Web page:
“Coolant systems require routine maintenance, and winter prep is critical for an effective season of driving,” Puff said. “Coolant systems should be pressure tested for leaks, freeze protection level, and don’t forget to add the same coolant type to the system. There are many coolant types with varying technology, and adding the wrong coolant could deplete the inhibitors, causing many very expensive repairs down the road.”
A refractometer can test a coolant’s freeze protection levels. Puff cautions against depending on a floating ball-type hydrometer, as these can get contaminated over time and provide inaccurate results. He advocated using test strips to check the inhibitor protection level.
Wherever coolant flows, check those areas to ensure proper function.
“Check hoses, clamps, water pump and the radiator for leaks, cracks, dry rot, and ensure that the coolant freeze point is to your specifications,” Copot said.
Coolant isn’t the only fluid under the hood that could warrant a change as fall temperatures begin to slide.
“Consider changing windshield washer fluid, which is typically good to about 20 degrees Fahrenheit, to a fluid that is more of a de-icer that will work to -20 degrees Fahrenheit,” said Mark Finger, Transervice’s vice president of operations.
“Don’t waste time waiting for your windshield to defrost,” added Jon Salter, director of shop operations for Pilot Flying J Truck Care. “By adding anti-frost and anti-fog treatments, you can hit the road and be on your way.”
Copot advised checking wiper blades, the washer fluid reservoir and the washer pump to ensure they work properly. “Make sure there is a proper spray pattern from the washer nozzles on the windshield,” he said.
Gino Fontana, chief operating officer and executive vice president at Transervice, suggested adding a windshield washer fluid heater or heated wiper blades to trucks that operate in extremely cold temperatures.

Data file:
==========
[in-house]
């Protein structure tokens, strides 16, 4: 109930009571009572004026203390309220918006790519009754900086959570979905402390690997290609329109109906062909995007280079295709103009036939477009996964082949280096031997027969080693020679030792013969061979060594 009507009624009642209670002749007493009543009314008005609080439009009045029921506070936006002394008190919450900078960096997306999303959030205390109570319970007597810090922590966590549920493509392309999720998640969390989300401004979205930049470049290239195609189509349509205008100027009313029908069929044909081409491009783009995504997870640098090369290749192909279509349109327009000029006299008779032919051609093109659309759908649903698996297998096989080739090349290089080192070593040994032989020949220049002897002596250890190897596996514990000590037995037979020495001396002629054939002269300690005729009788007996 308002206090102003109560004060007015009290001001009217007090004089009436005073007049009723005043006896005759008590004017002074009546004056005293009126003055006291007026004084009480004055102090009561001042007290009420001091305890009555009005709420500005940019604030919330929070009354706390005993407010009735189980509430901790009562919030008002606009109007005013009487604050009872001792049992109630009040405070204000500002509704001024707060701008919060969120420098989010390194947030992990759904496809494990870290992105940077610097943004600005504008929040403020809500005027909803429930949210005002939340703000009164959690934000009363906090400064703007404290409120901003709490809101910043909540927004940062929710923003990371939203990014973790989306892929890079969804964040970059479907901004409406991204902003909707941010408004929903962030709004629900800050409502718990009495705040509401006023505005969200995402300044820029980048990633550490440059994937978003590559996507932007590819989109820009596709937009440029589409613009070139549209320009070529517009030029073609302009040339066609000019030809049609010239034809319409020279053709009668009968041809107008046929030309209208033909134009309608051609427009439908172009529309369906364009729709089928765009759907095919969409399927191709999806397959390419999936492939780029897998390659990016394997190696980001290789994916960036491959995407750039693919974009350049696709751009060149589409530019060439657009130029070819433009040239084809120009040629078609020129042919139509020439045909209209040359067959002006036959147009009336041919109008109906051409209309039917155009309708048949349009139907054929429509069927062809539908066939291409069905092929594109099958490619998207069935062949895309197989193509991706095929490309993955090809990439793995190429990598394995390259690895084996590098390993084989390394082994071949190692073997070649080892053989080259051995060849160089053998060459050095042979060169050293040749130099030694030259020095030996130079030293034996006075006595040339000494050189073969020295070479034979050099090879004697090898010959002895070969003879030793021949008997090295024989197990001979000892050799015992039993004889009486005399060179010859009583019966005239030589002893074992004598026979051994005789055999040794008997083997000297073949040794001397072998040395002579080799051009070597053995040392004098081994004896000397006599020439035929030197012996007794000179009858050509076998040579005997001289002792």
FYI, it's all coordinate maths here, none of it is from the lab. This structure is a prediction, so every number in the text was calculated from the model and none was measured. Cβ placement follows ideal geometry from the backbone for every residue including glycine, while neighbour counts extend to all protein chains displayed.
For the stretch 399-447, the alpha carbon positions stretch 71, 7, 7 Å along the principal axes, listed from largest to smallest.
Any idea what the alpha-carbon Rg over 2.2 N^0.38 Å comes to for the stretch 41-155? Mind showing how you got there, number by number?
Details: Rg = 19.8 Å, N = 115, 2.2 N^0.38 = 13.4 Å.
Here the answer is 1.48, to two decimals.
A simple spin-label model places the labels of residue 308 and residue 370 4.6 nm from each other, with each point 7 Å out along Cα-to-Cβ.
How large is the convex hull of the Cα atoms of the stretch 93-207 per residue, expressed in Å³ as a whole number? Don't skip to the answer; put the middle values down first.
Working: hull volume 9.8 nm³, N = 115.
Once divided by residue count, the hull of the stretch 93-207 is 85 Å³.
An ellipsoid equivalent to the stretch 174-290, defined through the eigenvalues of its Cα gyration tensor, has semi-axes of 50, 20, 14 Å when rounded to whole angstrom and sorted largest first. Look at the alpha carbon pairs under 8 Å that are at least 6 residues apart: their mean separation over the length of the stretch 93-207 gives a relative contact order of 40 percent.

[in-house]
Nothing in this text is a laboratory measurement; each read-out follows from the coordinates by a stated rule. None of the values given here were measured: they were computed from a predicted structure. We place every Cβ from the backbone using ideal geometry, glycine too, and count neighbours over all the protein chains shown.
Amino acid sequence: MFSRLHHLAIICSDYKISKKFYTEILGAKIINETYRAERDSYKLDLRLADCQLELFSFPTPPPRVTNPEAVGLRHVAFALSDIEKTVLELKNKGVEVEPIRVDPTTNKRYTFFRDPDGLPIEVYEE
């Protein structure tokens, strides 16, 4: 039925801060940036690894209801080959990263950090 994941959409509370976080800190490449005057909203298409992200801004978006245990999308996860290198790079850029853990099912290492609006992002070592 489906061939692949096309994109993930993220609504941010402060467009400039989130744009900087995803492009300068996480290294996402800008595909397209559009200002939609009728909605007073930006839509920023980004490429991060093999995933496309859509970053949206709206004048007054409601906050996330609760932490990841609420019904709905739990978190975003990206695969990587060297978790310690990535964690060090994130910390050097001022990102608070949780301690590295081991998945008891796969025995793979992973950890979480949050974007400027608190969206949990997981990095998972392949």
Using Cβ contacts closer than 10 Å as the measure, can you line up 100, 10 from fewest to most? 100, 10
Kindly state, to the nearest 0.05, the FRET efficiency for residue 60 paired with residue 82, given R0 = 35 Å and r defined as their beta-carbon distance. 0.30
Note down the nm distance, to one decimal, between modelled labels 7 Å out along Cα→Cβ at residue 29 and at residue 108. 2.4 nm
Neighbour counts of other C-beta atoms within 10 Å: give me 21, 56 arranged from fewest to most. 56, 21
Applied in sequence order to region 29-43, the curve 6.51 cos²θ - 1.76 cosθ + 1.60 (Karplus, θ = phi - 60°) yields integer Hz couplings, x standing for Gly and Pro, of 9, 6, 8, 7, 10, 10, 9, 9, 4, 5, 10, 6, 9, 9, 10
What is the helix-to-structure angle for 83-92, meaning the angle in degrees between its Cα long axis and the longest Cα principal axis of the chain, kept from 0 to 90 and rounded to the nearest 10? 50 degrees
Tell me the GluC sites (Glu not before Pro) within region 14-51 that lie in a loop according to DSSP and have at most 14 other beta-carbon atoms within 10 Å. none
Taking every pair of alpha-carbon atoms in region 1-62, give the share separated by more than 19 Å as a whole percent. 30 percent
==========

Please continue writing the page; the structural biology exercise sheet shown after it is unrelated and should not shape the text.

Battery and other electrical tips
Batteries do not perform as well in colder temperatures, which makes checking them all the more important prior to turning trucks loose in freezing temperatures where battery breakdowns can incur costly roadside service. Cold engines require much more battery power to start, and heat is damaging to a battery. The damage done to a truck’s battery during the summer months may not reveal itself until the onset of cold weather.
“Service and test batteries individually by performing a load test on each of them,” Copot said. “In addition, check the battery age as older batteries can have reduced output during extreme low temperatures.”
Homer Hogg, vice president of truck services for TravelCenters of America, said winter can be more taxing overall on the electrical system.
“Winter also means driving during extended periods of darkness, which can cause stress to your alternator,” Hogg said. “Test your alternator’s ability to produce voltage and amperage now to help avoid some serious downtime this winter.”
Puff said a simple smart battery tester or carbon pile load tester can tell a lot about a battery’s health, adding that a discharged battery can freeze at around 30 degrees Fahrenheit while a fully charged one will begin to freeze only at lower temperatures.
Fontana suggested checking all exposed wiring for cuts and nicks, as corrosive road de-icing chemicals will use those openings as entry points into the electrical system.
“Make sure wiring connections are tight and clean, and then coat them with dielectric grease or spray to prevent corrosion from developing on wiring,” Fontana said.
Don’t forget belts
Belts often are forgotten, but Hogg said they deserve special attention ahead of winter. When the temperature drops, belts can snap if they’re in poor condition.
“It is very difficult, if not impossible, to visually detect a bad belt,” he said. “Modern belts are made of ethylene propylene diene monomer (EPDM), which will not show visible signs of wear. A gauge must be used to detect the wear condition of the belt.”
Hogg recommended checking the entire belt drive system, including tensioners and pullers. The rule of thumb is to replace the tensioner during every other belt replacement.
“Lastly, don’t forget to check belt alignment,” he said. “The chirping sound that we often hear in the belt drive system is typically caused by a belt that is not aligned properly.”
Fuel system and other tips
Copot suggested following these other steps to help ensure better truck performance during winter:
· Check your fuel filters and water separator as you do not want moisture in your fuel. Moisture in the fuel will cause fuel restrictions or contamination.
· Check your fuel tanks for any water and drain accordingly.
· Check your heater and defroster. Make sure everything functions including direction of air flow and the blower strength so you can have effective defrosting.
· Check your tires and tire chains where applicable. Make sure your tires are within tire program pull points and properly inflated as cold temperatures will lower the pressures, and snow will reduce traction.